What does it mean to be an American abroad?
When Obama became President I thought oh good, the world will like us again, but I wasn’t completely right. Since I’ve been in New Zealand, I ‘ve had several reactions to the phrase “I’m from the States,” one of them being “Oh, I’m sorry!”
When I first arrived I was quick to concede to America’s failures and faults. I found myself describing Vermont’s location by its proximity to Canada and joking (sort of) about the desires of some Vermonters to secede and become a part of Canada. It was difficult for me to defend a country that re-elected Bush; a country with politicians that ignore separation of church and state and spend more energy trying to make abortion illegal than they do making sure schools have enough funding for an arts department, let alone a sex ed. program; a country that consumes, wastes and pollutes at a fantastic rate. While looking at the US from afar has allowed me to understand the tremendous impact the country has on the rest of the world, the longer I am here the slower I am to concede to the negativities without balancing the score between good and evil. As Erin points out, there are 300 million of us, and just as not all Kiwis are friendly and environmentally conscious, not all Americans are money-driven, corrupt media-drones.
The first day Erin and I worked with Gary, our WWOOF host, we were in the middle of a conversation about agriculture, the States, and environmental problems when he said to us, “some people say the world would be better off if we just killed all [Americans],” and if the US disappeared. Hitler thought the same thing about the Jews. How can more violence make anything better, though? If the United States were to disappear what would happen to the countries receiving aid, or who have trade agreements with us, or who depend on Peace Corps volunteers?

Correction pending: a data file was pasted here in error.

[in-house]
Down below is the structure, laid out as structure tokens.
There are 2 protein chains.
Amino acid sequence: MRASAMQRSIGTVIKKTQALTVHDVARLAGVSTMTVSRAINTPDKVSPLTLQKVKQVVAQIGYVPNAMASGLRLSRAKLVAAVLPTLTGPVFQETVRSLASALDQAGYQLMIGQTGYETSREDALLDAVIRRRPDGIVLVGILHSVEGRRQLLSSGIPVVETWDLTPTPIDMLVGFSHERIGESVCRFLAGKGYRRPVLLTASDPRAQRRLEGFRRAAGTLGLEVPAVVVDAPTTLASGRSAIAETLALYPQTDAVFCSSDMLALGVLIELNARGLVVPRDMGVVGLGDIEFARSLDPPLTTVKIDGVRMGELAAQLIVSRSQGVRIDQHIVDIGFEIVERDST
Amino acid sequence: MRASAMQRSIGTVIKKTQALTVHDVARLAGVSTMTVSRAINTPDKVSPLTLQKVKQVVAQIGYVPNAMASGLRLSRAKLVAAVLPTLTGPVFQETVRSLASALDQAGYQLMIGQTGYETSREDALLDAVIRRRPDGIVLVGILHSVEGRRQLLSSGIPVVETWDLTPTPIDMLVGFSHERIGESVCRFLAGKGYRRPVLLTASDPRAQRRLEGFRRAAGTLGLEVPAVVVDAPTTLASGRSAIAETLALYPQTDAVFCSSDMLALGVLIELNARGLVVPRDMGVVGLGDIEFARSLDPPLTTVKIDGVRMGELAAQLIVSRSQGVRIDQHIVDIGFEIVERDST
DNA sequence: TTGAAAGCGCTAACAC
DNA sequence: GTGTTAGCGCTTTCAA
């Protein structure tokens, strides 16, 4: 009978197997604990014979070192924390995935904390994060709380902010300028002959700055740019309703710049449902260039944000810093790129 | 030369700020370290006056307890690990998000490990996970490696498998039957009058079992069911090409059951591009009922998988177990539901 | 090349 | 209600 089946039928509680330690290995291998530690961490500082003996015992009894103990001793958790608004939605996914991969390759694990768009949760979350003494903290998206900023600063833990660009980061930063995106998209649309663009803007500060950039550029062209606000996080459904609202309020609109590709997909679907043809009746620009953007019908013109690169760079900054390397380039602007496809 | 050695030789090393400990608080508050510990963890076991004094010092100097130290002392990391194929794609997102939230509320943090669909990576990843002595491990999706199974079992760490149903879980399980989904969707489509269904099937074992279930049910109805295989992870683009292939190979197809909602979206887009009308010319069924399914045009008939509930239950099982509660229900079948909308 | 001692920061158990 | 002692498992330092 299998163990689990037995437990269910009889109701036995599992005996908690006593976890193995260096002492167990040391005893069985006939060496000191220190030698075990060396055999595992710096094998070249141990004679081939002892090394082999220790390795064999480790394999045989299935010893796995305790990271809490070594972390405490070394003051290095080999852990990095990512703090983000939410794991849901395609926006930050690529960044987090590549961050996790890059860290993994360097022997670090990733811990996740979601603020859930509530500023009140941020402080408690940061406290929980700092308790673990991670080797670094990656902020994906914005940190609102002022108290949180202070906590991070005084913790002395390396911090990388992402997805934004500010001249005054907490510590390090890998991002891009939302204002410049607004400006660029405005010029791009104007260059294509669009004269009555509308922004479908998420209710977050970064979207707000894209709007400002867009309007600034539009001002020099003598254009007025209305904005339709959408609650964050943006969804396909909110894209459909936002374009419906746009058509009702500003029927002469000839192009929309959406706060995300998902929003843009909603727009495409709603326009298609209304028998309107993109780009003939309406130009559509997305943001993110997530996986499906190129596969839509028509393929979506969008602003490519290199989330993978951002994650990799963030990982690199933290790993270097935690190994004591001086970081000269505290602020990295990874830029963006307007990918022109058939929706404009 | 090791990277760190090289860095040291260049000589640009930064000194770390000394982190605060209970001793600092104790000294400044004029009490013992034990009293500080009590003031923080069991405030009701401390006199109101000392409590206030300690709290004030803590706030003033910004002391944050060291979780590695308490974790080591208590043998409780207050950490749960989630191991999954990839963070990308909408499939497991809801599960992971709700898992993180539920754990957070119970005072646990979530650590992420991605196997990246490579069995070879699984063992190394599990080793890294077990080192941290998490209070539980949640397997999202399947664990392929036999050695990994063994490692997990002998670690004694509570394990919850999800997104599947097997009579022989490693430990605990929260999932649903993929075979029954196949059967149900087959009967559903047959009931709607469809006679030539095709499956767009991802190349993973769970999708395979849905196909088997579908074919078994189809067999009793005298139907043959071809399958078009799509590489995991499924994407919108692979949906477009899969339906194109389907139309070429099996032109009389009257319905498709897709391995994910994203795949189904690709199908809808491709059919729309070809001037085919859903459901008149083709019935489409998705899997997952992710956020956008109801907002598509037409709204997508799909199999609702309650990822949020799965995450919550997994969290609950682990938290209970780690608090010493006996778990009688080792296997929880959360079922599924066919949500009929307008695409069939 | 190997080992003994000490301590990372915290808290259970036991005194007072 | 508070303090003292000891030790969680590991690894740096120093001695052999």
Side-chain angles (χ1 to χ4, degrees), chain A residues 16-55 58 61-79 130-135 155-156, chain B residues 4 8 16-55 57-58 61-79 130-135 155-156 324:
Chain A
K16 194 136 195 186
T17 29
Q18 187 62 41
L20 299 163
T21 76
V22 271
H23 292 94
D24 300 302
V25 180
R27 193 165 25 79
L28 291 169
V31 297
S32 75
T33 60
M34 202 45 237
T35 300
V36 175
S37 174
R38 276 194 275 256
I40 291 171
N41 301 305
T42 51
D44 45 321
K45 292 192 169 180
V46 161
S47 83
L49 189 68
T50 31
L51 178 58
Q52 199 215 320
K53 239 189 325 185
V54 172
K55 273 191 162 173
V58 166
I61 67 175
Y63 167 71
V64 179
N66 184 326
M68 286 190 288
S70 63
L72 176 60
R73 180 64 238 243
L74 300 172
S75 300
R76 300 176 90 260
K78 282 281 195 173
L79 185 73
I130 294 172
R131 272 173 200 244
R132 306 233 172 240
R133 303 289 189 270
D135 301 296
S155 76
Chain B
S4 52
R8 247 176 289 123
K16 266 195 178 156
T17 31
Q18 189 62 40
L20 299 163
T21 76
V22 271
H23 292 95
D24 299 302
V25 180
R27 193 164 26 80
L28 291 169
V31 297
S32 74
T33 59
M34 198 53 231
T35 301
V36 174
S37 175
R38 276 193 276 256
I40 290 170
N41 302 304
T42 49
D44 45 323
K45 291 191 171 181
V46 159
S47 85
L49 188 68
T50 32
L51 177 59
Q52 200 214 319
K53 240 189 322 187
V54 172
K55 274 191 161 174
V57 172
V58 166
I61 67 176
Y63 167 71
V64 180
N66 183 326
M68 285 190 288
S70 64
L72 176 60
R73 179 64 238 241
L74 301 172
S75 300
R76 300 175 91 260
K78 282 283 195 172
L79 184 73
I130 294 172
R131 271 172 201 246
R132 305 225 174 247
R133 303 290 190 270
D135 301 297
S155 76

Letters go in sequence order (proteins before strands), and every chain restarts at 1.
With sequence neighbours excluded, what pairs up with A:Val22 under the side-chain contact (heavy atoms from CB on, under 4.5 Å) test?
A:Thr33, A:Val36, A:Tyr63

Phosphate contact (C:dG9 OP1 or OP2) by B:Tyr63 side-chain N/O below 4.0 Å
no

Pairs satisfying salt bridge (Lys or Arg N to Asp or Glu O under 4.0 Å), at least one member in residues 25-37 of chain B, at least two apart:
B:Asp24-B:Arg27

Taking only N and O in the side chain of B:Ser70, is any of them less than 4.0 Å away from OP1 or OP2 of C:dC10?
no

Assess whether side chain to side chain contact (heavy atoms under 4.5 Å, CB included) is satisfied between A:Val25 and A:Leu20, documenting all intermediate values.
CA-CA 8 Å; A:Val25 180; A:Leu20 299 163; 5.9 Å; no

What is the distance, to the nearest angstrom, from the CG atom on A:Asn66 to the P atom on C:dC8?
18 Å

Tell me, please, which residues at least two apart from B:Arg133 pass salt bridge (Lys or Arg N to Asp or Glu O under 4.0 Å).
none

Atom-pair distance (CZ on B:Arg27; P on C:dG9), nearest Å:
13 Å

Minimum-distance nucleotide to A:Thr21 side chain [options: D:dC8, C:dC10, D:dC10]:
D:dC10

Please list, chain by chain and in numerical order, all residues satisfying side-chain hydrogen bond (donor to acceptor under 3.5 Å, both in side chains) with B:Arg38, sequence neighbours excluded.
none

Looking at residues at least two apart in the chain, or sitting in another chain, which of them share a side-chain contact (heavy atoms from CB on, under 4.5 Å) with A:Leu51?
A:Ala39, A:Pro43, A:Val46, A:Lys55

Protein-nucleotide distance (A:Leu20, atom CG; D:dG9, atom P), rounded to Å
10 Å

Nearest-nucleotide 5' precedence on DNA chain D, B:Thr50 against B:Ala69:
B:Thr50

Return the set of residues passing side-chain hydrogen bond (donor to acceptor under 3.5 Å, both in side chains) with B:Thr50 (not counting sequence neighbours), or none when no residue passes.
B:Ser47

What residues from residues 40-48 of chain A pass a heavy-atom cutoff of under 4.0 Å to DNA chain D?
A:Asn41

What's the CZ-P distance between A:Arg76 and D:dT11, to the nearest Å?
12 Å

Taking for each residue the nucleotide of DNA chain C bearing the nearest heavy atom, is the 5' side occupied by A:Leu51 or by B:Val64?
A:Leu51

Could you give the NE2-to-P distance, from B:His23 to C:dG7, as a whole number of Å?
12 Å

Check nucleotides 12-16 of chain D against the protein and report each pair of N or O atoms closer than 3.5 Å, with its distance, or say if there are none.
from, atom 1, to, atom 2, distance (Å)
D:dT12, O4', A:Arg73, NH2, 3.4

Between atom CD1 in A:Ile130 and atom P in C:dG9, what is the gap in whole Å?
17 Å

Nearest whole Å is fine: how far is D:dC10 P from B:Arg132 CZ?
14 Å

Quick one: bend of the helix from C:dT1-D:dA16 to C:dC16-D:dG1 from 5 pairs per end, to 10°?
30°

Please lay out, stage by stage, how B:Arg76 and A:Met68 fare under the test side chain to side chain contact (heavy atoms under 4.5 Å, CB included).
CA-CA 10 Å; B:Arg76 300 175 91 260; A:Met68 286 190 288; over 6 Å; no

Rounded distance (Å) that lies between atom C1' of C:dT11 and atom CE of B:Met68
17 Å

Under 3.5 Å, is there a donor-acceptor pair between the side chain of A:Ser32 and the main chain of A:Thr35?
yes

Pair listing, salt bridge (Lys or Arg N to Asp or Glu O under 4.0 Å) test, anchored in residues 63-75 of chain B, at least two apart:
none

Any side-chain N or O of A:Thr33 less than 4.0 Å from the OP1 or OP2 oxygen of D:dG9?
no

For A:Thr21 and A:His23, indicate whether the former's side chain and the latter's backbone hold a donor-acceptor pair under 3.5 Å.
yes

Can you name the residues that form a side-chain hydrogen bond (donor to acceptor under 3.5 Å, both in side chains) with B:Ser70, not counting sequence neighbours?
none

Since this conversation we have had many more about Americans and our problems, and Gary does admit that he’s met some great Americans (Erin and I included). How many “good” citizens does it take to outshine the “bad” ones, though?
When we were in Wellington, we met a Canadian girl named Caroline who said to me, “When I look at you I see a kind, loving, informed person–not a typical American.” What is a “typical” American? When I look at my community I see passionate, motivated, caring, intelligent people. Yes I grew up blessed with a supportive family, with parents who could afford to send my brother and me to private universities and still put organic food on the table, but I do not take for granted the comforts and advantages I enjoy. I want Caroline, and all the people I meet, to look at me and not see and ugly red-white-and-blue stain on my shirt, but to recognise that I am who I am in large part because of where I grew up.
I will not defend big business, environmental ruin, or war tactics, but I will point out grassroots movements, sustainable initiatives, peace-workers and vast tracts of wilderness. This trip has opened up a way for me to look at the US with pride again, and looking home I see the countless American communities of people who live with respect, care and love. For the first time in my life, I say this without flinching or feeling cheesy: I am proud to be an American.